Liquidity Services, Inc. operates various online auction marketplaces for surplus, salvage, and scrap assets in the United States. The company's auction marketplaces include that enables corporations to sell surplus and salvage consumer goods and capital assets;, which enables selected federal government agencies to sell surplus and scrap assets; and that enables local and state government entities, including city, county, and state agencies, as well as school boards and public utilities to sell surplus and salvage assets. It also operates that enables corporations to sell idle, surplus, and scrap equipment in the oil and gas, petrochemical and power generation industries; for corporations located in the United States, Europe, and Asia to sell manufacturing surplus and salvage capital assets. The company's marketplaces provide professional buyers access to supply of surplus and salvage assets presented with customer focused information, including digital images and other relevant product information along with services to complete the transaction; and enable corporate and government sellers to enhance their financial return on excess assets by providing liquid marketplaces and value-added services that integrate sales and marketing, logistics, and transaction settlement.
Please take a look at the 1-year chart of LQDT (Liquidity Services, Inc.) below with my added notations:
1-year chart of LQDT (Liquidity Services, Inc.) After peaking at $57 in September, LQDT has gradually worked its way lower. From November until May the stock had shown a tendency to react to the level of $35 (red) and LQDT showed a sign of life when it broke back above $35 in mid-May. Unfortunately, the stock stalled again and broke back below that level in June. The stock is now approaching the 52-week low level of $30 (blue) that it has tested multiple times since the end of January.
The Tale of the Tape: LQDT is approaching its key level of $30. A trader could enter a long position at $30 with a stop placed under the level. If the stock were to break below that support a short position would be recommended instead.
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5 Ways to Profit From Gold and Silver’s Drop


Anyone thinking about how to invest in precious metals right now has been watching the plunging prices of gold and silver.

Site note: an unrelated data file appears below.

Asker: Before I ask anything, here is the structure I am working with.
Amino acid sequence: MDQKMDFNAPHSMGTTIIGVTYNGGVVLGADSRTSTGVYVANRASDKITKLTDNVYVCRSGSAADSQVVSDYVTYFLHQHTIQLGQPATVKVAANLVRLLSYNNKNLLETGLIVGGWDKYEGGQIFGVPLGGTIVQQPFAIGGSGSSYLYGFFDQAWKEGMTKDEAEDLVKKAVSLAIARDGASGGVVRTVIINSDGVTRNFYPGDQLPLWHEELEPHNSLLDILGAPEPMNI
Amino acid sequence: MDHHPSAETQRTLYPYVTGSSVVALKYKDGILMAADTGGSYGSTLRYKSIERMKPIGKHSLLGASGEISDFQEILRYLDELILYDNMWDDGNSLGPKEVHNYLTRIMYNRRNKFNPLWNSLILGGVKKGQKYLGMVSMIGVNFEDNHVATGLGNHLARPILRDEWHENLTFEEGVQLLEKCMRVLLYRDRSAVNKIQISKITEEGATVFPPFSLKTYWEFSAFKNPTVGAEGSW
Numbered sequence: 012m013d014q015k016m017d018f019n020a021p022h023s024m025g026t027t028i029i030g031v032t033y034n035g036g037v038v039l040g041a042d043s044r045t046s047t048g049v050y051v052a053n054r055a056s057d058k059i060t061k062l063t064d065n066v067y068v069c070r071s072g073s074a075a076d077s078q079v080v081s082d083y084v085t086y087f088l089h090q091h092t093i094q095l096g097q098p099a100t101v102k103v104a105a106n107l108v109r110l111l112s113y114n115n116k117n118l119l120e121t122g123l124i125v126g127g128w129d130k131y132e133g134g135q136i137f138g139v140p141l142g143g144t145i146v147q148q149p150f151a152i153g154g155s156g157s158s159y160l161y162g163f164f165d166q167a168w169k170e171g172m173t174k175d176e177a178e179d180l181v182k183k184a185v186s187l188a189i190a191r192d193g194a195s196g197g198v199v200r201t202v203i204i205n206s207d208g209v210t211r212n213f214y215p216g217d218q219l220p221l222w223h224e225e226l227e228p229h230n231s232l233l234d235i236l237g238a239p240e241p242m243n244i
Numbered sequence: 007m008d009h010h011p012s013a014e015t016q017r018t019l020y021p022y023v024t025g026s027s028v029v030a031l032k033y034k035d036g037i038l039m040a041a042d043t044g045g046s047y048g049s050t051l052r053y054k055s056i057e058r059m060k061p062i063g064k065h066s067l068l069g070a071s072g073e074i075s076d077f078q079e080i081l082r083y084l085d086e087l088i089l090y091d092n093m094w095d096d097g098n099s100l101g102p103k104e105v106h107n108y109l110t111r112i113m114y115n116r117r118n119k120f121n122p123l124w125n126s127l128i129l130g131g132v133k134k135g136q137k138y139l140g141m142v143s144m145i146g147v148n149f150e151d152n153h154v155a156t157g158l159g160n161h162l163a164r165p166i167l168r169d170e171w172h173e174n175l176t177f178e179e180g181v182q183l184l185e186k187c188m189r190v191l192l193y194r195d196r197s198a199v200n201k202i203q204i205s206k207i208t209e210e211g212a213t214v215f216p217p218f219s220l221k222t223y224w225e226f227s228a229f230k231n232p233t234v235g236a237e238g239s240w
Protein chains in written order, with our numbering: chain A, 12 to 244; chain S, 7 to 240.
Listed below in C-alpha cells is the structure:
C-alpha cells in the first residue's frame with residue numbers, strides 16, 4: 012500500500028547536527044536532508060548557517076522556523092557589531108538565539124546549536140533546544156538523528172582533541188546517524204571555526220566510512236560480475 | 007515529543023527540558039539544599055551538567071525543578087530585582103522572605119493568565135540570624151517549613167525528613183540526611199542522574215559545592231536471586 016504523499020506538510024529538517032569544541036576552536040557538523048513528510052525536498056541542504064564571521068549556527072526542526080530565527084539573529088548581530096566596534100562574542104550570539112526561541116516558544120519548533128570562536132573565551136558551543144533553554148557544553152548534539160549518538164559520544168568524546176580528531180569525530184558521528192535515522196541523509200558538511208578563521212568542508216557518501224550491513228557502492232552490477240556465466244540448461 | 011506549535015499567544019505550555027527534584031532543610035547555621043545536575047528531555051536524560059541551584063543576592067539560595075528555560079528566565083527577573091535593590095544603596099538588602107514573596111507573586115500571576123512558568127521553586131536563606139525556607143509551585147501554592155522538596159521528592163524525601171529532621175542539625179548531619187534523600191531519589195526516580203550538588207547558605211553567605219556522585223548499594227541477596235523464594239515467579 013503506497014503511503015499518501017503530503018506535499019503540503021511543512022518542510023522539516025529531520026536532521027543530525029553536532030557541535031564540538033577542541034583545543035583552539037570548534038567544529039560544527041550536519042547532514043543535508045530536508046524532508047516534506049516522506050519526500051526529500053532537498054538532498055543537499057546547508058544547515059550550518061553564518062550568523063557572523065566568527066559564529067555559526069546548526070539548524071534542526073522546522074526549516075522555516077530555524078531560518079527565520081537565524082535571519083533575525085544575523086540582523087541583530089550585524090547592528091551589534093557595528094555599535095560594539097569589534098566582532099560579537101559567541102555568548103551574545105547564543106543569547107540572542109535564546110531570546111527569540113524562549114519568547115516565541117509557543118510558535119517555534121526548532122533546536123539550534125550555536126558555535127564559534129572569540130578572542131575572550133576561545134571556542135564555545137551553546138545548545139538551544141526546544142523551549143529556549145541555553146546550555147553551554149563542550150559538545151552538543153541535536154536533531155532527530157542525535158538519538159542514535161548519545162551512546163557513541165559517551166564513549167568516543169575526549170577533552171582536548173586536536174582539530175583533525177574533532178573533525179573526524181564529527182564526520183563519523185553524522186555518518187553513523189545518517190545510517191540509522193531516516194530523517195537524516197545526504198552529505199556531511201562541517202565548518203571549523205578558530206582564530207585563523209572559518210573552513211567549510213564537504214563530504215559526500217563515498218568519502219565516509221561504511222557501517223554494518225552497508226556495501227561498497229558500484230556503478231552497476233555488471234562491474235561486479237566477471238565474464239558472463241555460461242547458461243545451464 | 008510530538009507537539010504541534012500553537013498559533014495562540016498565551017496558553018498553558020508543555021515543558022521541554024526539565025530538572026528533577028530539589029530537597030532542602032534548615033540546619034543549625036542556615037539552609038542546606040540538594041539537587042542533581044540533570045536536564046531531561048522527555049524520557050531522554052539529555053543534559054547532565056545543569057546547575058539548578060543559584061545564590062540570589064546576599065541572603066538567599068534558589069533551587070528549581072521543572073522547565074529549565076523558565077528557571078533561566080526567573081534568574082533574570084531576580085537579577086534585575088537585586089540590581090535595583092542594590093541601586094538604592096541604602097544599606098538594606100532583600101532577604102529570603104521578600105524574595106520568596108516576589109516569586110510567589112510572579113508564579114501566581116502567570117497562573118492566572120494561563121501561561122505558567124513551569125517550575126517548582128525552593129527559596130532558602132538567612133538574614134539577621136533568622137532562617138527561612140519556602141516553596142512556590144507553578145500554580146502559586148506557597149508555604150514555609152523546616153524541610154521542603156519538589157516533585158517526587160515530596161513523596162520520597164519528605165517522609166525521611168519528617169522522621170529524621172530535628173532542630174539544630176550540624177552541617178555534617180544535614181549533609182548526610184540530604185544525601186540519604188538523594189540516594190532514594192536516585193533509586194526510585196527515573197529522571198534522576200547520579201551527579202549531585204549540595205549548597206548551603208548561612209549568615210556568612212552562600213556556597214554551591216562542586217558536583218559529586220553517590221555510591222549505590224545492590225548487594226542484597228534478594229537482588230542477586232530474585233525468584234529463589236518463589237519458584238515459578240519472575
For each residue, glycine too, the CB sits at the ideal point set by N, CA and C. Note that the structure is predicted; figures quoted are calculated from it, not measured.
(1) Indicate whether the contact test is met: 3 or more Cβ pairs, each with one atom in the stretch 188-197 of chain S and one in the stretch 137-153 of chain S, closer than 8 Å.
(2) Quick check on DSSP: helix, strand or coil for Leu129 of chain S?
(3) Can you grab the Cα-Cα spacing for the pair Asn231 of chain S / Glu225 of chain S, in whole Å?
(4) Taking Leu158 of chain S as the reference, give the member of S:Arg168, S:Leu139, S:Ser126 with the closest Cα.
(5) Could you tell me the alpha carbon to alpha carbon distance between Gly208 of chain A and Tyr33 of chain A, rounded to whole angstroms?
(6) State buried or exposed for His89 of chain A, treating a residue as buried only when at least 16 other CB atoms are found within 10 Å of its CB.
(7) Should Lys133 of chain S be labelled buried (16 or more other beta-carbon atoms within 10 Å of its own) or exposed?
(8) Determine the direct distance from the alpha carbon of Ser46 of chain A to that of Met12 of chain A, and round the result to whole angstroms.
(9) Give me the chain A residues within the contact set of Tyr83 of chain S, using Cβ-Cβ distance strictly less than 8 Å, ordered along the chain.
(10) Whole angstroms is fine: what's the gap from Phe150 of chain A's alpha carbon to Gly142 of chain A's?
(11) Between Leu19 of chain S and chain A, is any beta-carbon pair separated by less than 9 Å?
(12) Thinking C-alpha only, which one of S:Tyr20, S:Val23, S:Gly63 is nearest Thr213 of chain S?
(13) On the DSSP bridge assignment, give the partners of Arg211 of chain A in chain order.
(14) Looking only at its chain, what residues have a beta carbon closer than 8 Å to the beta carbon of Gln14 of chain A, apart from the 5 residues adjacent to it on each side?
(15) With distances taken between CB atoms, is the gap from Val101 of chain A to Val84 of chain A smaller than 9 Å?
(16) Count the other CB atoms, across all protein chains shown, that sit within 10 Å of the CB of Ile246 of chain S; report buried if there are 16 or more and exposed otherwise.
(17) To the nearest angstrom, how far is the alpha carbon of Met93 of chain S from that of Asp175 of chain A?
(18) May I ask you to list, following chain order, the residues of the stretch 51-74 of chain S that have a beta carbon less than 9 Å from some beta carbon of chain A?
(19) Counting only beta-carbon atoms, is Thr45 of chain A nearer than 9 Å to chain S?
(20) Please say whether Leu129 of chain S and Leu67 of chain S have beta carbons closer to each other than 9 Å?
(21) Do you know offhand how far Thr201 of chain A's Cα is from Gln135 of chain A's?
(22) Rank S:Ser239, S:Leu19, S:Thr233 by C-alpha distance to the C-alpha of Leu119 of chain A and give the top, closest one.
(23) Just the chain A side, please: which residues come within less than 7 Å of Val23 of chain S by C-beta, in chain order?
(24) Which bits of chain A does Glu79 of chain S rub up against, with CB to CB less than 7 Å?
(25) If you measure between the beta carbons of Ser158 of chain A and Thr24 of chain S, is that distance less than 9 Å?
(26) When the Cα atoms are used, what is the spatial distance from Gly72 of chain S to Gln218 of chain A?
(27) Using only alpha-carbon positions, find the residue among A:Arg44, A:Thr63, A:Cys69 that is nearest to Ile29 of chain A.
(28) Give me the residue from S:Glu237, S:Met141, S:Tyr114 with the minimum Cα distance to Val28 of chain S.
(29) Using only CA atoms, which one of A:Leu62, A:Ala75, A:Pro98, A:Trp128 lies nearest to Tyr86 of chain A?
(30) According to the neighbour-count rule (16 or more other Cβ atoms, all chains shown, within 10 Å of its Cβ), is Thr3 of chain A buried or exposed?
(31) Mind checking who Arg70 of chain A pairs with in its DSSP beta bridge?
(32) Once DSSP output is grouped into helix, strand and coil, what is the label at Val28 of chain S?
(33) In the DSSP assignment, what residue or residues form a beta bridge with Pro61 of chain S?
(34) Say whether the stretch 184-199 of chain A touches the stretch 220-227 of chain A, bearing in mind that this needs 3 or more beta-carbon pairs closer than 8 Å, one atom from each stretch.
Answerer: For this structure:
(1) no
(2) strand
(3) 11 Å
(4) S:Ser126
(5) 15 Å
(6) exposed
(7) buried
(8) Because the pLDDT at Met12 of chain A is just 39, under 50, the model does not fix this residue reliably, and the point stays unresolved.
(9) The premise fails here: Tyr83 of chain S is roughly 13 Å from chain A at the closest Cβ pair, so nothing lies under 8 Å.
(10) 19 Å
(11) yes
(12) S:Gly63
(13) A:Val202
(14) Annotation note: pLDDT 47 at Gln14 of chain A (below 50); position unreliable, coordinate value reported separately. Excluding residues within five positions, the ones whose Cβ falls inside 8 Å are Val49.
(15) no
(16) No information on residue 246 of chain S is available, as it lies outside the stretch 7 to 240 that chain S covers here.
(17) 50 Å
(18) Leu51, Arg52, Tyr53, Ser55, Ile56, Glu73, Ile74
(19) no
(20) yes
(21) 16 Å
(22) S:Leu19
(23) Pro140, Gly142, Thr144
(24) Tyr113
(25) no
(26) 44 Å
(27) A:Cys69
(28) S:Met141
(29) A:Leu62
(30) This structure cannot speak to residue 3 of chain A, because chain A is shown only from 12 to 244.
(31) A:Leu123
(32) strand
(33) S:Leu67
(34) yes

Both metals are firmly in bear market territory. By the end of last week, gold was down about 27% from its 52-week high of $1,803 and silver had cratered by a whopping 43%.

But the recent downward slide in the price of silver and gold has once again revealed to investors the most important fundamental fact about precious metals — they’re incredibly volatile. Swings of 50% in value in a single year are not unheard of.  (more)
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As Stocks, Bonds and Gold Fall, Where’s the Cash Going?

June is when spring turns to summer, but this year it’s felt like fall for investors in nearly every market.

Bonds have tumbled in value, from Treasuries to corporate debt to municipals, as the focus on a possible end to the Federal Reserve's asset-buying prompted heavy withdrawals from fixed-income funds. Gold is collapsing and is on its way to posting the metal’s worst quarter on record. Non-shiny commodities have also been weak. Emerging markets have led the declines, as China’s banking system heaves. Stocks are down from their highs of May, though they’ve bounced the past couple of days.

 This recent across-the-waterfront swamping of most every investment market raises two key questions: Where is the money that is exiting these assets going? And what happened to the balanced interplay among markets that produced offsetting movements and flattered a diversified portfolio? (more)

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Gold Is Unsafe at Any Price: Dicker

Another day another beating for gold. The yellow metal fell another 3.5% overnight bringing it to prices unseen for almost three years. The SPDR Gold Trust ETF (GLD) is now down over 25% year-to-date as retail investors find themselves on the wrong side of what is suddenly looking like one of the great boom-bust cycles in precious metal history.
As for what's driving the plummet, MercBloc president Dan Dicker says it's all about Main Street coming to the sudden realization that there is no safety whatsoever in gold. "When the retail customer gets frightened, they get frightened in a hurry and they get frightened for big numbers," Dicker says in the attached clip. (more)

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Ford: It’s Time to Buy

For the first time since its near total collapse in 2009, the American auto industry is hitting top gear.

And I’m talking about the entire industry — from major car manufacturers to small parts suppliers.

Vehicle sales are on track to reach about 15 million units this year, up from 10.4 million in 2009.

As a result, factories are now operating at 95% capacity — and for the first time in four years, they’re looking to add more workers, floor space and machinery. (more)